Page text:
One of the most important features of the Frontline documentary was the interview segments aired with Mark Mendelsohn, the top U.S. Department of Justice prosecutor in the Foreign Corrupt Practices Act section, the man in charge of the DOJ's probe of the Al-Yamamah bribes to Prince Bandar. For more than a year, the U.S. has been investigating the specific allegations that Bandar received billions of dollars in bribes, conduited through the Saudi Embassy accounts at Riggs National Bank, now defunct. Under the terms of the Foreign Corrupt Practices Act (FCPA), the U.S. has jurisdiction to probe and prosecute companies and individuals that engage in bribery on U.S. soil.
During the final months of the Bush Administration, DOJ officials traveled to London, in a failed effort to reach a civil settlement with BAE, that would have ended the U.S. probe before Bush left office. It is widely known that Prince Bandar's ties to the Bush family run so deep that he has often referred to himself as an honorary member of the Bush clan.
Mendelsohn made clear, in his on-camera interview with Frontline producer Lowell Bergman, that the Bandar-BAE probe is alive and well at Justice. And this carries potentially dramatic implications.
Sources close to the Justice Department have confirmed that the key to the entire BAE Al-Yamamah bribery probe is the voluminous documentation, provided initially to the British Serious Fraud Office (SFO), by Peter Gardiner, a travel agent who facilitated many of the BAE payoffs to top Saudi officials—including Bandar. "Gardiner kept meticulous records," a Washington source told EIR on condition of anonymity. "When he walked in to the SFO, they were skeptical about his charges, but he just overwhelmed them with his detailed accounts of every expenditure. It was staggering, the amount of money that BAE paid off to the Saudis."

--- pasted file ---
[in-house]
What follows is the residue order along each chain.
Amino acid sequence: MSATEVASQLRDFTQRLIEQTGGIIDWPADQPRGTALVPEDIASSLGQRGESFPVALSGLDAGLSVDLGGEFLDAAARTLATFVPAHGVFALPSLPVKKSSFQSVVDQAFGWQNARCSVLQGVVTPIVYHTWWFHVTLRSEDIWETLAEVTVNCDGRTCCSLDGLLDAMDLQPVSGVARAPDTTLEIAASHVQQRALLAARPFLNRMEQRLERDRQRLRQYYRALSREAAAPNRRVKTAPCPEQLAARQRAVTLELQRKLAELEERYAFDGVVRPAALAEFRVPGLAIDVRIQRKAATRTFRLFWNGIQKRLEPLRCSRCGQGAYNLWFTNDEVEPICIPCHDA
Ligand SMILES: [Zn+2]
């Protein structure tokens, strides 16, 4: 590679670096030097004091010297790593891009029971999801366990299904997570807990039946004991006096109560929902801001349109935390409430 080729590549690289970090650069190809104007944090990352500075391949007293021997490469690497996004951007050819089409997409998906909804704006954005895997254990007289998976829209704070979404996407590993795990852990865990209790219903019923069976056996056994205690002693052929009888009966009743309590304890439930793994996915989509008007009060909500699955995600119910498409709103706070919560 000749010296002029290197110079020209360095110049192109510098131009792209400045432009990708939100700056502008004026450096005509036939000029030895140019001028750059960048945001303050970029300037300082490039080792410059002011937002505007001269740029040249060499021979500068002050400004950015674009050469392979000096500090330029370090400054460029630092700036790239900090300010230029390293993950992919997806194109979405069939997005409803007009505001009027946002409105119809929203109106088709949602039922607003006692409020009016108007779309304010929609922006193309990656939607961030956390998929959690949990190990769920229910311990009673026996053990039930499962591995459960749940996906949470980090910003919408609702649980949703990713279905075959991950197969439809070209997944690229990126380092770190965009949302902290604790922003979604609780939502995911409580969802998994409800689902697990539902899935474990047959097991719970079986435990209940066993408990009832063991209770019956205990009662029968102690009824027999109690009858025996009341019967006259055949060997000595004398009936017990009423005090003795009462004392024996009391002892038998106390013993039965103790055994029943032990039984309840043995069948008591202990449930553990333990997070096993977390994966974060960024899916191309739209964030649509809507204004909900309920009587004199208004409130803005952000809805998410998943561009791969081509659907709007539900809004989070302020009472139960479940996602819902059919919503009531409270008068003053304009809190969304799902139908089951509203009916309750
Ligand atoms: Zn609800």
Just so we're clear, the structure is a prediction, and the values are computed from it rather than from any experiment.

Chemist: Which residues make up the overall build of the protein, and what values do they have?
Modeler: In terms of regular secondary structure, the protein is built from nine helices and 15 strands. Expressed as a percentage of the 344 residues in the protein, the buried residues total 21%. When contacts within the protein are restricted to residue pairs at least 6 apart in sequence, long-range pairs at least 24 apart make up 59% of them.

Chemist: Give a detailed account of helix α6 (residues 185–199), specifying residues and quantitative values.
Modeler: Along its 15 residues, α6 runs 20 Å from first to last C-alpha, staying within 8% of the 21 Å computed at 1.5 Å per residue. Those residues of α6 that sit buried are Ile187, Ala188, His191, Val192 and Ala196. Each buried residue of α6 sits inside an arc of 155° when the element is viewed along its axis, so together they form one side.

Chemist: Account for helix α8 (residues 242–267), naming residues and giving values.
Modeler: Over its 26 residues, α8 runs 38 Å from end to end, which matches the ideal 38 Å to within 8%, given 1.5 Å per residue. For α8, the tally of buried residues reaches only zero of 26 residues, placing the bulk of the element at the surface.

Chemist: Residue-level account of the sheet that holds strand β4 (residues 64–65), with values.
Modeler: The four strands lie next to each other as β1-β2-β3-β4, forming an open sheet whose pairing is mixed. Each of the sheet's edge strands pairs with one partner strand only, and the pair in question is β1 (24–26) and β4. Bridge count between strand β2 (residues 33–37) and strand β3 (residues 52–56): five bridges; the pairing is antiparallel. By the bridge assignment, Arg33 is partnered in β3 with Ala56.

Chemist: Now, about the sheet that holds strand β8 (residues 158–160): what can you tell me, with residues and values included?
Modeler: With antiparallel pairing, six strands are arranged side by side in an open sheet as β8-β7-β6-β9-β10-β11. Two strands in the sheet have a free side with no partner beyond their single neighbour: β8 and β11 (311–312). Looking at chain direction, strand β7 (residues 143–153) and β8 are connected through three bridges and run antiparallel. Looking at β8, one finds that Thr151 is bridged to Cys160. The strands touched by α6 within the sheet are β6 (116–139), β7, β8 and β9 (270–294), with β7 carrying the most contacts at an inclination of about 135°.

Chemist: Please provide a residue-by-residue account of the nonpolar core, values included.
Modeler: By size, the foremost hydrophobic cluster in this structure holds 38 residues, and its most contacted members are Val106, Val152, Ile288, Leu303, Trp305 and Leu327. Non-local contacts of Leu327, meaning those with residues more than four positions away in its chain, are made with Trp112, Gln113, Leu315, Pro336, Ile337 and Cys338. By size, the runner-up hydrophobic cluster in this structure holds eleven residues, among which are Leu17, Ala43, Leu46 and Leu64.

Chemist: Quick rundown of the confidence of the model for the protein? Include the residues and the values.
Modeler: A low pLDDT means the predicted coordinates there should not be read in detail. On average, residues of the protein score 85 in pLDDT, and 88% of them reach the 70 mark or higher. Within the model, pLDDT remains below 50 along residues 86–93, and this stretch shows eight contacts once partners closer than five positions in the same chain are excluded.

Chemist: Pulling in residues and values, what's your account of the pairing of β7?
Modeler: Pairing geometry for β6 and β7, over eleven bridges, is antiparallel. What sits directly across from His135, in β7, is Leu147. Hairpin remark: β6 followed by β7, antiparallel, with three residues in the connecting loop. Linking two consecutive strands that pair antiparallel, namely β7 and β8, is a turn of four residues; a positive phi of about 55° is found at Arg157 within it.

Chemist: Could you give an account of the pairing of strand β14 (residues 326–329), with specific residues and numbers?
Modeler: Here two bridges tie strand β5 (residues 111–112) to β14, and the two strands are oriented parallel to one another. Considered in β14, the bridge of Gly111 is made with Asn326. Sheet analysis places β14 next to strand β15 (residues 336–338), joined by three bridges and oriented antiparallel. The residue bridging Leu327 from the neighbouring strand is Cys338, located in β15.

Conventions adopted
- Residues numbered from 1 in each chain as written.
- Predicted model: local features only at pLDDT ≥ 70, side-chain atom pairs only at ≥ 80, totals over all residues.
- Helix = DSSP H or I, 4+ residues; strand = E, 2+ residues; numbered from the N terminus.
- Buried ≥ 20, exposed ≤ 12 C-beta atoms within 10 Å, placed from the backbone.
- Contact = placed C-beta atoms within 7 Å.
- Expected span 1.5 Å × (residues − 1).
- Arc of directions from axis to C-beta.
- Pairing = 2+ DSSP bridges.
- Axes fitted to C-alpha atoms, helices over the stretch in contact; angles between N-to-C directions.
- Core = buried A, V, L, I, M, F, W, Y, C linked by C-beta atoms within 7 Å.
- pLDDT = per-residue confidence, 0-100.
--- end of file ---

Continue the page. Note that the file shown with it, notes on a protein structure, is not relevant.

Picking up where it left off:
Gardiner gave a rare on-camera interview to Frontline, detailing such payoffs as Bentley luxury cars, the marriage and honeymoon of the children of Prince Turki bin-Nasser and Prince Bandar, and a European Airbus, provided by BAE to Bandar for his personal use. Moreover, Gardiner traveled secretly to Washington last year, to deliver testimony and documents to Mendelsohn's team.
- Bandar and 9/11 -
Sources close to the Department of Justice have emphasized that, under the FCPA, it is unlikely that Prince Bandar, the recipient of the BAE bribes, could be criminally prosecuted. However, were the Department of Justice to extend its probe to the issue of money laundering, it could shed important light on events surrounding the 9/11 attacks.
In the June 29, 2007 issue of EIR, this author reported: